Thursday, April 6, 2006
Letters to the Editor
Partnership For A
In 2005, Mt. Moriah Missionary Baptist, 3193 Marianna Rd, Holly Springs, MS applied for and received a faith-based grant from The Partnership for a Healthy Mississippi. I must confess, I was more than a little skeptical about how The Partnership, an organization dedicated to preventing and stopping the use of tobacco in the state of Mississippi, would be of much help in our church’s youth program.
After being notified we had indeed received the grant, the first thing we had to do was attend a mandatory meeting in Jackson. It was at this meeting that it became clear to me that it was not by chance Mt. Moriah was chosen as a faith-based partner with The Partnership for a Healthy Mississippi.
The information provided through the day long workshop and training sessions opened my eyes to the fact that Mt. Moriah’s and the Partnership’s goals were much the same in the area of rearing, not only spiritually sound youths, but also equipping them with factual information and tools needed to make healthy life changing decisions by saying no to tobacco products.
Through this program, we have served over 70 youth since August 2005. If we have influenced just one child to make a healthy choice and choose not to use, then the work was not in vain.
As our contract nears its end (May 31, 2006), we would like to express our sincere thanks to Angie Williams, Faith-Based Director for The Partnership for a Healthy Mississippi. It has truly been a pleasure working with such an energetic, spirit-filled individual.
If your church would like to partner with The Partnership for a Healthy Mississippi, please contact David Johnson, Community/Youth Partnership Project Director for Benton, Marshall and Union Counties at (662) 266-3768.
There are many interesting facts that revolve around the lives of the people in Marshall County, in our state of Mississippi and the United States, as well. Here are some facts. I can see why many in the local, state or national Democratic party do not want black Americans to learn about or even hear the truth about many of these Americans.
I would like you to read these names. Please see if you know what they have in common: Ida B. Wells, Blanche Bruce, George Washington Carver, Harriet Tubman, A. Philip Randolph, Booker T. Washington, Sammy Davis Jr, Lynn Swann, Jackie Robinson, Denzel Washington, Don King, Rod Paige, Carter G. Woodson and Dr. Martin Luther King Jr. -- just to name a few.
Have you figured it out yet? They are all Republicans! These black Americans had a choice and they chose to be Republicans! They wanted to succeed, they made their own way and stood for what they believed in. They did not allow anyone to tell them what to do. They were their own people; they all made a difference in our lives and still do.
Just take Ida B. Wells. We all know her story; or do we?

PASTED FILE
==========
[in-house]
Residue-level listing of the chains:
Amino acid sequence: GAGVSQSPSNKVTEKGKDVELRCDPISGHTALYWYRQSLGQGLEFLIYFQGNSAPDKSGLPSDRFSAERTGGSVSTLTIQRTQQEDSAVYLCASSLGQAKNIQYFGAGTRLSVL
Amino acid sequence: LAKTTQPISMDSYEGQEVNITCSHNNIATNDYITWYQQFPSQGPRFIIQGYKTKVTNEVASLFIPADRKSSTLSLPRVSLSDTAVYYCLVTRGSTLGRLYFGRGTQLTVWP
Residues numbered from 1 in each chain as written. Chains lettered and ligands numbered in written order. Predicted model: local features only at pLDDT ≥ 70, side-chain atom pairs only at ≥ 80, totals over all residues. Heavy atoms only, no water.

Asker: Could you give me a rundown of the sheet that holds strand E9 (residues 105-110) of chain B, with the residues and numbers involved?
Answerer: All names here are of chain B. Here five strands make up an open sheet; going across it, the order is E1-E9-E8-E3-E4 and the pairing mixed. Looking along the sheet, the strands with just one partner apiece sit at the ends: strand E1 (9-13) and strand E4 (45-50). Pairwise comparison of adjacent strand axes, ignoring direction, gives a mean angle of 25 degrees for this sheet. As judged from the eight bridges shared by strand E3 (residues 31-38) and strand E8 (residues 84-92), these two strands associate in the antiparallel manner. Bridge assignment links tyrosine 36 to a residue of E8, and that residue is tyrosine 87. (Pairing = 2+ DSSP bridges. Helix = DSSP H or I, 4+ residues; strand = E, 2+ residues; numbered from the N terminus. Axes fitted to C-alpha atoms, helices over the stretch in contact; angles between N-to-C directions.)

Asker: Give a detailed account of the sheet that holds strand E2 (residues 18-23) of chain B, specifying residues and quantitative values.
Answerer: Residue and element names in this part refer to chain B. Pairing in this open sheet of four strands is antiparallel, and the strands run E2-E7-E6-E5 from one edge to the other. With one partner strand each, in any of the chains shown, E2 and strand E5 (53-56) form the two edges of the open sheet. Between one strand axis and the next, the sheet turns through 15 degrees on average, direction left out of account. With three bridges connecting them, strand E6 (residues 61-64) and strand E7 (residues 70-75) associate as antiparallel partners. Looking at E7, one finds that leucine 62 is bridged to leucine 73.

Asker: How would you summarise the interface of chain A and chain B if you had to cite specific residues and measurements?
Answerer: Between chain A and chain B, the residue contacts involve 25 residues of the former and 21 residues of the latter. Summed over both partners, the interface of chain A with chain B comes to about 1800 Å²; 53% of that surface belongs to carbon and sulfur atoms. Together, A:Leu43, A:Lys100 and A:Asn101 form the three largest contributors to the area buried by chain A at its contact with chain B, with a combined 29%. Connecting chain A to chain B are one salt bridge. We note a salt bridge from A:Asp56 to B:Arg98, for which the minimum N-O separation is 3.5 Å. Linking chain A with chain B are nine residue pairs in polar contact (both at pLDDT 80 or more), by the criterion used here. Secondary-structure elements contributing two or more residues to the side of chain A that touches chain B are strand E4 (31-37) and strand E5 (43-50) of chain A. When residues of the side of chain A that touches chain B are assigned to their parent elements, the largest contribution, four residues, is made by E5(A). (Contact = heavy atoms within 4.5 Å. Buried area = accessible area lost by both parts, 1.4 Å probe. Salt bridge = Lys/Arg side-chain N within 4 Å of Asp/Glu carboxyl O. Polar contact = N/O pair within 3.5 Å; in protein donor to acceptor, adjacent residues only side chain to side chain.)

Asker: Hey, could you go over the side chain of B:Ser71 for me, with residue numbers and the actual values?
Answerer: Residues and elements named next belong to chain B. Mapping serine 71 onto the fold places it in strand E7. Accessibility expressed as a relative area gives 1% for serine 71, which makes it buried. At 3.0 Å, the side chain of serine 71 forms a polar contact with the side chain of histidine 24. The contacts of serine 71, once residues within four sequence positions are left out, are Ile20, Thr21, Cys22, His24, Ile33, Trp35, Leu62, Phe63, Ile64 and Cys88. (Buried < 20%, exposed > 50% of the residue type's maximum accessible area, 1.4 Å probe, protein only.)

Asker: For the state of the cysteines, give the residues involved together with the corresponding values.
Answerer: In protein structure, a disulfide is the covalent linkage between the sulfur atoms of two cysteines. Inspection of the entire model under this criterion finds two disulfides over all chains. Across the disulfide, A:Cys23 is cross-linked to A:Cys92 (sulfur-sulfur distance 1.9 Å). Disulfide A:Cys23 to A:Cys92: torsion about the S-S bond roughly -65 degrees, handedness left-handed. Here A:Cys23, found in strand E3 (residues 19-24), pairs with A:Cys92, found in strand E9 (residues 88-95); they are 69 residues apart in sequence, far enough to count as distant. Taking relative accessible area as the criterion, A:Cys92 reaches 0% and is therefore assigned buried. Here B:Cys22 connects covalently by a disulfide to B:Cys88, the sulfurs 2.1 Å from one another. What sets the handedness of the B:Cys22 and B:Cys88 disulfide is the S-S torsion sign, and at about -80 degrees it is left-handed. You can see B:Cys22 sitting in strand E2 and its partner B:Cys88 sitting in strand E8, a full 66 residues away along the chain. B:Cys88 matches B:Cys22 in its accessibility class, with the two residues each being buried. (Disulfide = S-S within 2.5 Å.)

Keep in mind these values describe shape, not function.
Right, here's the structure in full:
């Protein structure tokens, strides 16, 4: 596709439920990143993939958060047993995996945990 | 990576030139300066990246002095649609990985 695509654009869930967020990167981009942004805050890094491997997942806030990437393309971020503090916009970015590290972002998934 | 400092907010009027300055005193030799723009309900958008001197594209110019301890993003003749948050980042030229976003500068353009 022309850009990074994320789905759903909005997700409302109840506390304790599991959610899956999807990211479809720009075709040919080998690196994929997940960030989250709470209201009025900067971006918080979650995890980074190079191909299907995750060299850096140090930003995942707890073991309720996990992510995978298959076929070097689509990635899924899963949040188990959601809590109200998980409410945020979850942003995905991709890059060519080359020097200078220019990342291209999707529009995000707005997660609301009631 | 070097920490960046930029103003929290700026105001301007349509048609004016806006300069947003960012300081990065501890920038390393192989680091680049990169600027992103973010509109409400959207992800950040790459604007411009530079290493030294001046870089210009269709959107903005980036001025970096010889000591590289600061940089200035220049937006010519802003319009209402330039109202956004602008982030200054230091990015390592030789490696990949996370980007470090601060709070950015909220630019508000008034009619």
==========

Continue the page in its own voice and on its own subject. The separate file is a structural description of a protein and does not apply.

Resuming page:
Ida B. Wells was a journalist, advocate for civil rights and an anti-lynching crusader. She was born in Springfield, Mississippi and helped to found the National Association of Colored Women in 1896 and the Negro Fellowship League. She worked with the white Republicans who started the NAACP on February 12, 1909.
She was forced off of a train for refusing to sit in the “Jim Crow Car” designated for blacks and was awarded $500 by a circuit court. That decision was overruled by the Tennessee Supreme Court in 1887, a rejection that ultimately strengthened her resolve to devote her life to upholding justice. She reported in two black newspapers, the New York Age and the Chicago Conservator, about the violence and injustices being perpetrated by Democrats against African Americans. In honor of her legacy, a low-income housing project in Chicago was named after her in 1941, and in 1990, the U.S. Postal Service issued an Ida B. Wells stamp.
How about United States Senator Hiram Rhodes Revels; do you remember him? Hiram Rhodes Revels of Mississippi was the first black United States Senator serving from 1870-1871 as a Republican. The only other African American to serve as United States Senator in the nineteenth century was Blanche K. Bruce also a Republican from Mississippi.
Revels completed the unfinished term of Jefferson Davis who was the former president of the Confederacy. In the Senate, Revels supported civil rights for blacks. Born in Fayetteville, North Carolina, attending Knox College, he became a minister of the African Methodist Episcopal Church. After completing his term in the United States Senate, Revels was named president of Alcorn University (now known as Alcorn State University).
These are but just a few famous black Republicans. There are many more. Some have passed and many more push forward. If these facts intrigue you or you just want to know more, please visit the following website. Or if you would like, please attend one of our meetings. They are open to the public. You can find the details in the calendar of events.
What can adults
Regarding the article “Officers nab four on drug charges”:
In Marshall County four men from the ages of 43 to 51 were arrested for selling crack cocaine. As a concerned citizen and fellow human being I am appalled at the idiocy of individuals who, at the ages of 43 to 51, would have the audacity to help destroy our young people, especially young black men, when the plight deepens in this country for those of color. Why be a part of the killing machine that is at work?